|Elevation||5,249 ft (1,600 m)|
|Parent range||White Mountains, Appalachian Mountains|
|Borders on||Twin Range and Kinsman Ridge|
The Franconia Range is a mountain range located in the White Mountains of the U.S. state of New Hampshire. It is the second-highest range of peaks (after the Presidential Range) in the White Mountains.
Franconia Ridge is a prominent ridge which forms the backbone of the range, stringing together all of its major summits.
From north to south, the highest summits of the range include:
The summits marked with an asterisk (*) are included on the Appalachian Mountain Club's peak-bagging list of "Four-thousand footers" in New Hampshire.
The Franconia Range hosts the third largest connected area of alpine tundra in the United States east of the Rocky Mountains, only surpassed by the Presidential Range and the Katahdin massif.
Approximately 2.5 miles (4.0 km) along the crest of the ridge is in the alpine zone. This area runs from the treeline just below the summit of Little Haystack all the way to the treeline north of Mount Lafayette, and affords constant 360-degree views of the White Mountains. To the east of the ridge lies the rugged and uninhabited Pemigewasset Wilderness.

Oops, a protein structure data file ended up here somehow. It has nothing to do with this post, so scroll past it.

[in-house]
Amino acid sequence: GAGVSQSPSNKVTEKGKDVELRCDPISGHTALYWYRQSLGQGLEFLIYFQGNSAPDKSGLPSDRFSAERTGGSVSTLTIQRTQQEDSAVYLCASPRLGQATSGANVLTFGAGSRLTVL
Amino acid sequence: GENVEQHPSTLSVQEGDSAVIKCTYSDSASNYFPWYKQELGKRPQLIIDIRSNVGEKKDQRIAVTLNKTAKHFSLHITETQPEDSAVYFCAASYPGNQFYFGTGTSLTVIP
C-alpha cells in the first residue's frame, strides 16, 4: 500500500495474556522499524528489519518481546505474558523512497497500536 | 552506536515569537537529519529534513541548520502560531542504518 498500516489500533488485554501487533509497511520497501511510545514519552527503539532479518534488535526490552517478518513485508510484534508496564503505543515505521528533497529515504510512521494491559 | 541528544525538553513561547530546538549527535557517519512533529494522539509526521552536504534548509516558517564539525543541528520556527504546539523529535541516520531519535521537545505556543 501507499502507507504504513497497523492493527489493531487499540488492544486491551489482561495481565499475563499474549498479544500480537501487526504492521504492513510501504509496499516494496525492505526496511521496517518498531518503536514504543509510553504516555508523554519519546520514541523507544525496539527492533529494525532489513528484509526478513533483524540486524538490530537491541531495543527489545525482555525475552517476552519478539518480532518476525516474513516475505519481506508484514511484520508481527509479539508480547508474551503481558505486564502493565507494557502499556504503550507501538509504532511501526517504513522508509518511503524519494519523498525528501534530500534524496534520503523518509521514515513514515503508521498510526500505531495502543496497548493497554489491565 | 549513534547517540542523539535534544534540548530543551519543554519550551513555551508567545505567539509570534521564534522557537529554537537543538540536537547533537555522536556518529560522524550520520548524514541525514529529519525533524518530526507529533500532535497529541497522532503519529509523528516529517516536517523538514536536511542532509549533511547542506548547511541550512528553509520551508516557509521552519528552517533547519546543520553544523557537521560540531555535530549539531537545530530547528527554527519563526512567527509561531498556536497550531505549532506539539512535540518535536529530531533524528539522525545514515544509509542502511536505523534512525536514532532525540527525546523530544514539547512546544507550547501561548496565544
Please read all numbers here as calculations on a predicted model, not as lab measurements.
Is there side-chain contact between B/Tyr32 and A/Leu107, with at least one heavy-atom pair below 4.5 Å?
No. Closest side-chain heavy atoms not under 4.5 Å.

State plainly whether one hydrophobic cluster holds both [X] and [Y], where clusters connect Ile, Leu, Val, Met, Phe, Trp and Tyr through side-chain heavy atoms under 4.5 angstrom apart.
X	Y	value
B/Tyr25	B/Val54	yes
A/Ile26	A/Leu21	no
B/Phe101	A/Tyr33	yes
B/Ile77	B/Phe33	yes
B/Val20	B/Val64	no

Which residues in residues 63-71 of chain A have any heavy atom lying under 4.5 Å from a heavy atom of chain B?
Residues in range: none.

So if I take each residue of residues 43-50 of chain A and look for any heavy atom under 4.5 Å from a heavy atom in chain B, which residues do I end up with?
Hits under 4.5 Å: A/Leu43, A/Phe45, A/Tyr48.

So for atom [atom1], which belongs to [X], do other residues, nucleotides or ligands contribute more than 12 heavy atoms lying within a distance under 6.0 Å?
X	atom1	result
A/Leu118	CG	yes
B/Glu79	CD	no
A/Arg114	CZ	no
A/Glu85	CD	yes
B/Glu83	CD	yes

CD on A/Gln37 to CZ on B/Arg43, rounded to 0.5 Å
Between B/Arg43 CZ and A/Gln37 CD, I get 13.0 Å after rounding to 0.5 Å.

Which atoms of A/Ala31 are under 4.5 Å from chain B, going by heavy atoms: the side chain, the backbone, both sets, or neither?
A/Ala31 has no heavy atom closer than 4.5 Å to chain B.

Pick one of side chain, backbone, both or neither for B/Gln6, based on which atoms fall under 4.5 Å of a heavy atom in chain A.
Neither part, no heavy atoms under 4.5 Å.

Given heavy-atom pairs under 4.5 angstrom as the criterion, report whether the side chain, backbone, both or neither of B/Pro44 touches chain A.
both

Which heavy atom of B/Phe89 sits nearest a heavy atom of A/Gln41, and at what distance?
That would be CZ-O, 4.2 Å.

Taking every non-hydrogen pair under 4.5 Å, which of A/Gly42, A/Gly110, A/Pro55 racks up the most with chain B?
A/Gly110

While Mount Liberty and Mount Flume are almost entirely forested, their summits rise just above the treeline, providing views of the area.
The Franconia Ridge Trail, which coincides with the Appalachian Trail from Mount Lafayette to Mount Liberty, traverses the ridge over all the aforementioned mountains.
One hike on the ridge is a 8.9 miles (14.3 km) loop involving the Falling Waters Trail, the Franconia Ridge Trail, the Greenleaf Trail, and the Old Bridle Path, which includes the majority of the above-treeline portion of the ridge. Known as the Franconia Ridge Loop or Franconia Ridge Traverse, the loop is strenuous, with a cumulative gain of over 3,900 feet (1,200 m), and traverses the rocky cones of Little Haystack Mountain, Mount Lincoln, and Mount Lafayette.
The exposed nature of the ridge and the changeable weather of the White Mountains make it a more dangerous hike than it may appear. Injuries and even fatalities from falls and exposure are not uncommon.